December 22 2014 Latest news:
Friday, August 8, 2014
With pubs and restaurants struggling for trade since the recession, you would have forgiven a 30-year-old diner hidden away in a small South Norfolk village for struggling to attract new customers.
However Nick’s Diner in Deopham has bucked the trend after taking a bold decision to double the size of its premises –and is now reaping the awards with a 35pc growth in turnover in its first year and many new and happy customers.
Sara and Craig Armitage had been customers at the restaurant for 10 years when they noticed it come up for sale.
With Mr Armitage’s background in pub catering – having managed the White Lodge in Attleborough for many years – and Mrs Armitage being a change management consultant, they decided it was the perfect time to try something new.
However the difficult economic climate, plus the restaurant’s quiet location off a main road with no passing traffic, meant attracting customers would be a tall order.
“If we’d taken more advice, we probably wouldn’t have done it,” Mrs Armitage, 47, admitted after taking on the site three years ago.
“However because we’re quite impulsive and really passionate that we could make it successful, we decided to go for it.”
The restaurant has a proud motorsport heritage, with ex-Formula One racing drivers Mika Hakkinen, Johnny Herbert and Martin Donnelly known to eat there when they drove for the nearby Lotus team.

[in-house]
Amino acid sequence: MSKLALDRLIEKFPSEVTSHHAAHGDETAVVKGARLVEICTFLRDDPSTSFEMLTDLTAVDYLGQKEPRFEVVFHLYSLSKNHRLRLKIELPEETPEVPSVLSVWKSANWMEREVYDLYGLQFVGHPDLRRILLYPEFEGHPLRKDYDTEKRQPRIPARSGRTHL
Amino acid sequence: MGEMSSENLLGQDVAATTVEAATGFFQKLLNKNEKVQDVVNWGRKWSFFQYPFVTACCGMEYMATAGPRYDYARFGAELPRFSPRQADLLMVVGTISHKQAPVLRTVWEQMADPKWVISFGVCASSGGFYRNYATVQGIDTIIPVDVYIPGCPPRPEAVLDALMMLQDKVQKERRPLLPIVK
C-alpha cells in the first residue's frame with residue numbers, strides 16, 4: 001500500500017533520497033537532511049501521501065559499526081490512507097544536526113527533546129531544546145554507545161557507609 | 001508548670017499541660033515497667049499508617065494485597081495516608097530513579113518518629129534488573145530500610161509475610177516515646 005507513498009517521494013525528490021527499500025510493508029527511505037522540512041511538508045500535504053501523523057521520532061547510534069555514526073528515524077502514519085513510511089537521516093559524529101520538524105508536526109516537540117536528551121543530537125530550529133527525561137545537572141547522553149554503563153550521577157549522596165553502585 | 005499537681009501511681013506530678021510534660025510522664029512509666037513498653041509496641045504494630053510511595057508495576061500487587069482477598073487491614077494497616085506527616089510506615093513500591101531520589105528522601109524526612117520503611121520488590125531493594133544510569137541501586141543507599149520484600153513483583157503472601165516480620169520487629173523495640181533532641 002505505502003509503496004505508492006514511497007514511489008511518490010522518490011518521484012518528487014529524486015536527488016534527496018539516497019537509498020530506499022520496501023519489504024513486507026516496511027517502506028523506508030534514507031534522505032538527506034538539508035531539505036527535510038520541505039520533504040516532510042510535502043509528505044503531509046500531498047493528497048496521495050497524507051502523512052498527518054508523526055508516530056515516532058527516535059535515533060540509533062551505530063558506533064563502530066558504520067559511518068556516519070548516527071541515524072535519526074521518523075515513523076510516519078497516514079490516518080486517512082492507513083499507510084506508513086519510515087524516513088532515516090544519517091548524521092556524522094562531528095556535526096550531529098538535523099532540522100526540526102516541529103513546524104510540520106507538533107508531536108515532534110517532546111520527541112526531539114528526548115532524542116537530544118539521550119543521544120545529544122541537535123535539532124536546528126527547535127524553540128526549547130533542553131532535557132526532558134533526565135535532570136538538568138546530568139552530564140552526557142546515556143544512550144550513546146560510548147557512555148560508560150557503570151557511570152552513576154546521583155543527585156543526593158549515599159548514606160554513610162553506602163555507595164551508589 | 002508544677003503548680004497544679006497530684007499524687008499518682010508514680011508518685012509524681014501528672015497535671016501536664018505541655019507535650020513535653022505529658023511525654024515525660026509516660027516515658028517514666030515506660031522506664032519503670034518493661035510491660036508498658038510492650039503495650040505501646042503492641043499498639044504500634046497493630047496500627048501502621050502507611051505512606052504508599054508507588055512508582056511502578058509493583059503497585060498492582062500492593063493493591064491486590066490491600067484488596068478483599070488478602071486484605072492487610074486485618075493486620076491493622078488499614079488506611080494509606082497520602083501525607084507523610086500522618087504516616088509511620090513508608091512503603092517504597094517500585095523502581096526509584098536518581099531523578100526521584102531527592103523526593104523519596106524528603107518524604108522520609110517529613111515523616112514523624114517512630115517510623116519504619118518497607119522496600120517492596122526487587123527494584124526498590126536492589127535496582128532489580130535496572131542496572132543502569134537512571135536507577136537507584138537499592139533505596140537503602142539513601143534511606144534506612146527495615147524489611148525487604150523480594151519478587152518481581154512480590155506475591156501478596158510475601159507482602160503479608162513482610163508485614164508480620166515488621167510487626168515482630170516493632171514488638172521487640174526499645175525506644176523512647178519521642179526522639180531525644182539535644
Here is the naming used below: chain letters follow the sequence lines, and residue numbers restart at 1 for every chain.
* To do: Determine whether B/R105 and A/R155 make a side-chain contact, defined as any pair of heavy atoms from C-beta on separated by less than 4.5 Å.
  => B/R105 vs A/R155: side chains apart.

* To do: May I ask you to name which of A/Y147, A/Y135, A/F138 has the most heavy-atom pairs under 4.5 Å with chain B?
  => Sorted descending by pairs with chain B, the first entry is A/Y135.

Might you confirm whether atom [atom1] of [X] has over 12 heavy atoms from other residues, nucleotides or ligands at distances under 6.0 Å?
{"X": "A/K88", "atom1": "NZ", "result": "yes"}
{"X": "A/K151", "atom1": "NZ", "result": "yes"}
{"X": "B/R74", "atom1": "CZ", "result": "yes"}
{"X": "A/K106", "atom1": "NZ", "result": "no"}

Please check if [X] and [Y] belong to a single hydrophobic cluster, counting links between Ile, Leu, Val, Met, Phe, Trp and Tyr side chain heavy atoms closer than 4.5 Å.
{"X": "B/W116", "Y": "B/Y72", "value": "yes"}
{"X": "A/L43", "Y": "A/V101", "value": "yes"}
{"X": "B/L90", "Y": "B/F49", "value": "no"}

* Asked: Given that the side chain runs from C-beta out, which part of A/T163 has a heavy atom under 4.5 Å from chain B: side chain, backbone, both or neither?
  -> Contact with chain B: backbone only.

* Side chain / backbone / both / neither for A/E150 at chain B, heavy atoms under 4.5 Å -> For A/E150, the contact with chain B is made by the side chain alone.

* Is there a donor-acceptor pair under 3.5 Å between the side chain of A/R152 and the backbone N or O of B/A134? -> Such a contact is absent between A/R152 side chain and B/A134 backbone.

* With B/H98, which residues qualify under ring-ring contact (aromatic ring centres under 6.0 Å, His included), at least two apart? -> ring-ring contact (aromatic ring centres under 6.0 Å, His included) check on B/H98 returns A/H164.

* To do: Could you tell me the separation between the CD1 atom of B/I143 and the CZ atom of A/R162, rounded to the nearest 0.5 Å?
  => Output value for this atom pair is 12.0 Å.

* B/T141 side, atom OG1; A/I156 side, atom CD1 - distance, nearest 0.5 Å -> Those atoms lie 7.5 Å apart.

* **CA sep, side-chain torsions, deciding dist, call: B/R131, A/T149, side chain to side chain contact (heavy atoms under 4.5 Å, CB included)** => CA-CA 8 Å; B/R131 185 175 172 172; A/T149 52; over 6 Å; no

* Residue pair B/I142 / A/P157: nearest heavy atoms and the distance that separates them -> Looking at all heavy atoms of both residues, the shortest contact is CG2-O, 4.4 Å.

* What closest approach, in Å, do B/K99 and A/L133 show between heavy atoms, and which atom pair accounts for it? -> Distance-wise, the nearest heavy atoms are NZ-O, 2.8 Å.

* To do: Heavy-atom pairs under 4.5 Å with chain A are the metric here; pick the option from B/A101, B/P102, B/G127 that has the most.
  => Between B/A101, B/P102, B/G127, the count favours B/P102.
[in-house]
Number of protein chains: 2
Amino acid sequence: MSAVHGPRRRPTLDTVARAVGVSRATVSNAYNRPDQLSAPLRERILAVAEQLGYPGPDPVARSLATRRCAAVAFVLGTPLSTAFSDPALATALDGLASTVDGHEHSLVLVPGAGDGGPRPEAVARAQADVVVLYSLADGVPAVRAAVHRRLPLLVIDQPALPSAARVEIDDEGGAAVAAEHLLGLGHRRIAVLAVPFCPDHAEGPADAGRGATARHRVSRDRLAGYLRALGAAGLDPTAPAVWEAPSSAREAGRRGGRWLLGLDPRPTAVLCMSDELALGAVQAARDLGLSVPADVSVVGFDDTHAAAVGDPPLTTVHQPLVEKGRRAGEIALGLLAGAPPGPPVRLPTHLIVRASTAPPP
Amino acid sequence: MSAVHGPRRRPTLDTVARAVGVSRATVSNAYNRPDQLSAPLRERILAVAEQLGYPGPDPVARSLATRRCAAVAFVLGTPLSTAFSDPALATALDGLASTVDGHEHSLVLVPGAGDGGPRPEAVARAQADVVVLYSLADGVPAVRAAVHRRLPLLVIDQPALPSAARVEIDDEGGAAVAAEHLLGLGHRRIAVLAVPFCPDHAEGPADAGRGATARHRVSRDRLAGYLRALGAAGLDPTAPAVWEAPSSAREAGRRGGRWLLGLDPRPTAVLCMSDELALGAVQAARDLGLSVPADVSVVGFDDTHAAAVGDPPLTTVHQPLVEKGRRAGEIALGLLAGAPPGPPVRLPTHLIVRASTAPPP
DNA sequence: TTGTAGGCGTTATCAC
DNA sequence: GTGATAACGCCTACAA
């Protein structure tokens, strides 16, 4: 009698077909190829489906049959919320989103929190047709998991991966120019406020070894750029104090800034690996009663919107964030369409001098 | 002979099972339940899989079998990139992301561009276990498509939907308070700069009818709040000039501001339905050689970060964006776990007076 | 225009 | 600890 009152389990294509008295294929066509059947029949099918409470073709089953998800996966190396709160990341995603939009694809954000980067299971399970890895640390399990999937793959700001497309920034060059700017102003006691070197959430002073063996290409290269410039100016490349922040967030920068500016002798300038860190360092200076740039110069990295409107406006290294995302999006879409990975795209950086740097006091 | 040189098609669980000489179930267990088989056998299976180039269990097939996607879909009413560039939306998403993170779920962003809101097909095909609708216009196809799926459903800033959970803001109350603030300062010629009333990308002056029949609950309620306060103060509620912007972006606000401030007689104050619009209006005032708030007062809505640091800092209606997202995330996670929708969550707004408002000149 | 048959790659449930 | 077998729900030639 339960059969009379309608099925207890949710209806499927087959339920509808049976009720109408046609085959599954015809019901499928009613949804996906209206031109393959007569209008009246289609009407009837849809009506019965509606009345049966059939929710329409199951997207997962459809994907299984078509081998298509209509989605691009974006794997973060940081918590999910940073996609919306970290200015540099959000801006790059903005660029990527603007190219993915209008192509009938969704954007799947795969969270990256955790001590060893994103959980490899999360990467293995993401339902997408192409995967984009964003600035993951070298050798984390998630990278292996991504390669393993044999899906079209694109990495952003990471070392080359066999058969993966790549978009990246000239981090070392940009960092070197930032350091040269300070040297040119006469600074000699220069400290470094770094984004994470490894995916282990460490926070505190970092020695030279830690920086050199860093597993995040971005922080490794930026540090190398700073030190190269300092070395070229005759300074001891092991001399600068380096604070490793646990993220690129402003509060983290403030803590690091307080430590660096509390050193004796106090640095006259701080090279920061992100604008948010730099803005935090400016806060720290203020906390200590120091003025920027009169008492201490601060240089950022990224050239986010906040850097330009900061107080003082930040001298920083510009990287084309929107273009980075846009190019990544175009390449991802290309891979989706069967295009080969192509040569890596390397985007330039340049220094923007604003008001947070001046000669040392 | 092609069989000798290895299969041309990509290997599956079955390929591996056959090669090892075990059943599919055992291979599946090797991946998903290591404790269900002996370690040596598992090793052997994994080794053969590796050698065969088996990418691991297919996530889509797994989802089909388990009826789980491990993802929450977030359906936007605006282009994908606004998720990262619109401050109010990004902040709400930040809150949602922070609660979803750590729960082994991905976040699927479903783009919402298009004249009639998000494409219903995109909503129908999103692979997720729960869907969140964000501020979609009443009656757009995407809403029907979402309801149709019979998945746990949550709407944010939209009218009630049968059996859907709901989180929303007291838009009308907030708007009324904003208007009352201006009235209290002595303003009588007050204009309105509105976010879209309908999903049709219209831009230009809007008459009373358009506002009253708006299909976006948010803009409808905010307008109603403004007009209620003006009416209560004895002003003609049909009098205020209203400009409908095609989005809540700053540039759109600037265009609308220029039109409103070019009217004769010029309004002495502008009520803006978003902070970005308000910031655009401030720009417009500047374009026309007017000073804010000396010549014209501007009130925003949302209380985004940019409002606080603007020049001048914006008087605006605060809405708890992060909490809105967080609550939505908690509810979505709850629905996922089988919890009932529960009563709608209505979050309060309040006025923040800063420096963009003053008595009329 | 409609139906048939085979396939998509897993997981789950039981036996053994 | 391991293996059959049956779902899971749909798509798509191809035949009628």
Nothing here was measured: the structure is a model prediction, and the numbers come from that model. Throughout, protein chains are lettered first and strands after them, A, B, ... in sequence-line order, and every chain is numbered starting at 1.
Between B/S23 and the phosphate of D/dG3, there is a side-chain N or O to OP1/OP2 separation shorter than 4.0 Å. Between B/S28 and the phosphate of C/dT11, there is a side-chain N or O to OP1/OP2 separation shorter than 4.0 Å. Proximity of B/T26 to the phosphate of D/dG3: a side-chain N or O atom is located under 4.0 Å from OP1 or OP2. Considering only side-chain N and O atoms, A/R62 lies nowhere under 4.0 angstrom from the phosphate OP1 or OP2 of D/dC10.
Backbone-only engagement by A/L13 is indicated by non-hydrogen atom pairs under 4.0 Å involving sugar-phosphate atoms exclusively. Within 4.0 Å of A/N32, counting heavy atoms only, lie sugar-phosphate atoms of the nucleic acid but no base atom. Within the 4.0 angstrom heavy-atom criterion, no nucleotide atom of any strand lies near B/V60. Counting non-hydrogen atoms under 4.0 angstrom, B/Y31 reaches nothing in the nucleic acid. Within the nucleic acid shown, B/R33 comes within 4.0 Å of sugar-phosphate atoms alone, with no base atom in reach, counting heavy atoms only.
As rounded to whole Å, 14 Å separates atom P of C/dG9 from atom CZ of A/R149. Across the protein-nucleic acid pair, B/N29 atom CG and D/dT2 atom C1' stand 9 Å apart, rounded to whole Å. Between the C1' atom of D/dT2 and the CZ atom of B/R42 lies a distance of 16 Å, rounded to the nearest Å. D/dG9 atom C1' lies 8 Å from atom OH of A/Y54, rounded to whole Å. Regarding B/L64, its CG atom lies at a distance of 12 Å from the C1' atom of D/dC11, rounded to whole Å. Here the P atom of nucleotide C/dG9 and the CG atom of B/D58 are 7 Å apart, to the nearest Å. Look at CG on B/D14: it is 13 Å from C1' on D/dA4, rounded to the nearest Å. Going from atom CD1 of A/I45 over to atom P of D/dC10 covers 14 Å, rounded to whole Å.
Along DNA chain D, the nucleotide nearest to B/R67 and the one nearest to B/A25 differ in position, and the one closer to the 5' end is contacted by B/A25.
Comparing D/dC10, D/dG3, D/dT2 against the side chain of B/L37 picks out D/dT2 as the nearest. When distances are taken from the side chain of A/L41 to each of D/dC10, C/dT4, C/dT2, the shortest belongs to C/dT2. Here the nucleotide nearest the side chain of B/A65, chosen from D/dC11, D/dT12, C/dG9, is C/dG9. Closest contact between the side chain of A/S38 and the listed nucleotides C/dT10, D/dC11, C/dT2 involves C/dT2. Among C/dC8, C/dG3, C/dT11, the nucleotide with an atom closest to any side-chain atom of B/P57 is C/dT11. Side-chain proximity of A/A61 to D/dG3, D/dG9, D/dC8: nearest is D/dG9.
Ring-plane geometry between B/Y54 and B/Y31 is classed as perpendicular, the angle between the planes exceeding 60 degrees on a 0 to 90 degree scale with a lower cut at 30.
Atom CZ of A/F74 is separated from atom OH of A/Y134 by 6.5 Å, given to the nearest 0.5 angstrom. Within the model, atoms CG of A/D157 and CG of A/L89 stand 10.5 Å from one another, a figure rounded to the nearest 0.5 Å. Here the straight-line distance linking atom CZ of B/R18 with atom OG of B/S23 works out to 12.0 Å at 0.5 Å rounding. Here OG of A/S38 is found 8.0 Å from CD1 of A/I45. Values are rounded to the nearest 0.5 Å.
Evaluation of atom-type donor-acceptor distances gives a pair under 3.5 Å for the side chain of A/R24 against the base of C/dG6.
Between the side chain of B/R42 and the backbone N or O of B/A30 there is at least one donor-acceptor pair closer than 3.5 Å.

However Mrs Armitage said: “The thing we didn’t want to do was go in and change everything immediately. Instead, we did it gradually. Whilst our menu remains largely the same, we gave it a more modern look and freshened things up somewhat by putting our own spin on the dishes.
“To coin a phrase, we initially used: ‘Same old Nick’s, with a few new tricks.’”
As such the couple kept the restaurant’s name - but made large-scale refurbishments, including extending through to the diner’s old living quarters to double the size of the restaurant.
That now means Nick’s will often serve around 80 people on a Saturday, allowing it sustain its growth through the difficult economic climate.
“We felt we had to try and cater for as many people as possible,” said Mrs Armitage.
“It is in the middle of nowhere, so people are not going to drive past it.
“People’s salaries are decreasing and they are only coming out for special occasions – they don’t come out like they used to.
“We don’t have a pub or post office in Deopham, so it’s also important for the community.”
The business is very much a family affair, with Mr and Mrs Armitage’s son Harvey working as a chef.
They now plan to build a three-bedroom bungalow as an extension so they can devote more time to the venture.
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